The Round House

A Novel

Erdrich, Louise

Book - 2012
Average Rating: 4 stars out of 5.
The Round House
When his mother, a tribal enrollment specialist living on a reservation in North Dakota, slips into an abyss of depression after being brutally attacked, 14-year-old Joe Coutz sets out with his three friends to find the person that destroyed his family.

Publisher: New York : Harper, 2012
Edition: First edition
ISBN: 9780062065247
Characteristics: 321 pages ; 24 cm


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Jan 23, 2015
  • pagetraveler rated this: 5 stars out of 5.

Wow. So much of this book made me think, "wait, what?" Growing up hearing theAmerican government's side of the story, I had no idea some of the governmental regulation and legal stupidity that still persisted due to treaties and acts enacted on reservations and in tribes in this country. A beautiful story told while also enlightening me to a subculture that should not been so silenced in the histories we learn in school.

Aug 03, 2014
  • jrmm7 rated this: 4.5 stars out of 5.

Very nicely written. A crime novel mixed with lovely story telling. I was worried that the details of the crime would be gratuitous, however it was handled very well. Good book.

Jul 06, 2014
  • marti419 rated this: 5 stars out of 5.

Very good. Learned a lot about the Native Americans. The State and Local Police do not work well with Tribal Laws.

Apr 15, 2014

I really think my mother wrote this so i stopped reading it bridget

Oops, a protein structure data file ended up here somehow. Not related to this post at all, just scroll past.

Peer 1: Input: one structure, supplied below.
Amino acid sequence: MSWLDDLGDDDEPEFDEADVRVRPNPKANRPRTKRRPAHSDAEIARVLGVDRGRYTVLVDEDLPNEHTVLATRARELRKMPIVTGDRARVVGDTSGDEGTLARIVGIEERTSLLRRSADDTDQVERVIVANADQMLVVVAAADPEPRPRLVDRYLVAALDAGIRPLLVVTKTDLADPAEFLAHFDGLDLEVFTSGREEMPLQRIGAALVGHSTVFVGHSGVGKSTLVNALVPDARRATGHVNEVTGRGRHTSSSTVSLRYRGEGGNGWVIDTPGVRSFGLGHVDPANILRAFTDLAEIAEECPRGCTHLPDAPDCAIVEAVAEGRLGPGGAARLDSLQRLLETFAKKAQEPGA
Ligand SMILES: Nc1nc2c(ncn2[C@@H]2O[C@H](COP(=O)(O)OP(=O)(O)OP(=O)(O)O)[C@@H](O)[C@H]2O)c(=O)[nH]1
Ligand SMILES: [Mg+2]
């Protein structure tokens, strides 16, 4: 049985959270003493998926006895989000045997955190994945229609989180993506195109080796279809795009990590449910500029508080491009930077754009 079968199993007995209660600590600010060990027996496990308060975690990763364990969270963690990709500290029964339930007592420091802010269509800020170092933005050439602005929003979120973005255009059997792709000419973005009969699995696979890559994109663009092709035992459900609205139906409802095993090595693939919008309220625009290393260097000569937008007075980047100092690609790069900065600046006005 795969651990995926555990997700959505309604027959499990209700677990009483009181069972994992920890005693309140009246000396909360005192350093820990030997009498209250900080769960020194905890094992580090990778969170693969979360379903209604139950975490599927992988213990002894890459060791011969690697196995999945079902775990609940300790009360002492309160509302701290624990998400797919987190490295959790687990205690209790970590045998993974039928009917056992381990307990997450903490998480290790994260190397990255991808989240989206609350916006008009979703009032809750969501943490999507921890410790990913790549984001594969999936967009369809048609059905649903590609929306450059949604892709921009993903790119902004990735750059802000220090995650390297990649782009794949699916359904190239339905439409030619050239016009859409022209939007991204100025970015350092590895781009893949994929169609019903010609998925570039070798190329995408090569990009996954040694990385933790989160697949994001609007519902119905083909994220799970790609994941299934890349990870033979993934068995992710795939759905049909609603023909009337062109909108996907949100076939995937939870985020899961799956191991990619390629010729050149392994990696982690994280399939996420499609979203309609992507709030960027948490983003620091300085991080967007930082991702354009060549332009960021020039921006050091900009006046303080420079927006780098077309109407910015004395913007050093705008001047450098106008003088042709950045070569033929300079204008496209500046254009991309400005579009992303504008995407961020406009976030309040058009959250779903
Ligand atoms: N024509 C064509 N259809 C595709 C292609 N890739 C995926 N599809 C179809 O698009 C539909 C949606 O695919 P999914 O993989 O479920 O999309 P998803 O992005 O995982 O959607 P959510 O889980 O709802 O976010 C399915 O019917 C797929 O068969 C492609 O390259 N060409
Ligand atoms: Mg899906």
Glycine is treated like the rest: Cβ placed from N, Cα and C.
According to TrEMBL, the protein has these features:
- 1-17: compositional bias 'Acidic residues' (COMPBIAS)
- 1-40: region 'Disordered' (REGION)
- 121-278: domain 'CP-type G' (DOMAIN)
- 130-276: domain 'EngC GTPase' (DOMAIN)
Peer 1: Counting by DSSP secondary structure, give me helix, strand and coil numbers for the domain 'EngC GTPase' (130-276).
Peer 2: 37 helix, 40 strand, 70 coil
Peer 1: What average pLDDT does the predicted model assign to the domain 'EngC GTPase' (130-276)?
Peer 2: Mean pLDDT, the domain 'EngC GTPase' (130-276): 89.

Apr 05, 2014
  • allbad rated this: 5 stars out of 5.

Easily one of the best books I have ever read...

Apr 02, 2014
  • lilylib rated this: 5 stars out of 5.

A true masterpiece!

Mar 08, 2014

Winner of the 2012 National Book Award for fiction, The Round House is a darkly moving coming-of-age story, beautifully and suspensefully written. On an Ojibwe reservation in North Dakota, thirteen-year-old Joe’s mother, Geraldine, is violently attacked. She immediately falls into a crippling depression, refusing to talk about what happened, hardly eating, and never leaving her upstairs bedroom. While Geraldine is suspended in a silent languishing, Joe and his father begin to piece together the details of the crime, intent on pursuing justice. But justice is complicated and doesn’t come easily, as Joe learns. For Joe, it’s a time full of serious and terrible wonder. The Round House is a powerful novel and highly recommended.

Nov 13, 2013
  • jtkretzschmar rated this: 3 stars out of 5.

I'm not really sure why I didn't enjoy this book as much as I thought I would. I think it was because I was so horrified by the rampant racism and injustice that is brought upon Native America that I was sickened throughout the entire novel.

I think it was definitely worthy of its national book award, but at no point was I left with any hope whatsoever.

Oct 12, 2013
  • Freshman rated this: 1 stars out of 5.

Boring. Couldn't finish the book.

Sep 17, 2013
  • akimbo2 rated this: 4 stars out of 5.

A devastating portrait of injustice and the impact of violence against women that is still an issue for Native Americans living on tribal land. Beautifully written and heartbreakingly sad.

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Oct 22, 2014

Joe lives on an Indian reservation in the 60's with his parents and extended family. When his mother is brutally raped by a white man, Joe's life changes forever. Since his father's authority as a judge does not extend to crimes by whites on the reservation, Joe decides to exact revenge himself. This novel was an eye-opener to the plight of Indians. In the afterward, Erdrich says that 1 in 3 Indian women are raped by whites. I enjoyed learning about Indian history and culture. Much of the dialog was amusing.


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Mar 27, 2013
  • mrsgail5756 rated this: 3 stars out of 5.

“If the freedom of speech is taken away then dumb and silent we may be led, like sheep to the slaughter.” -George Washington


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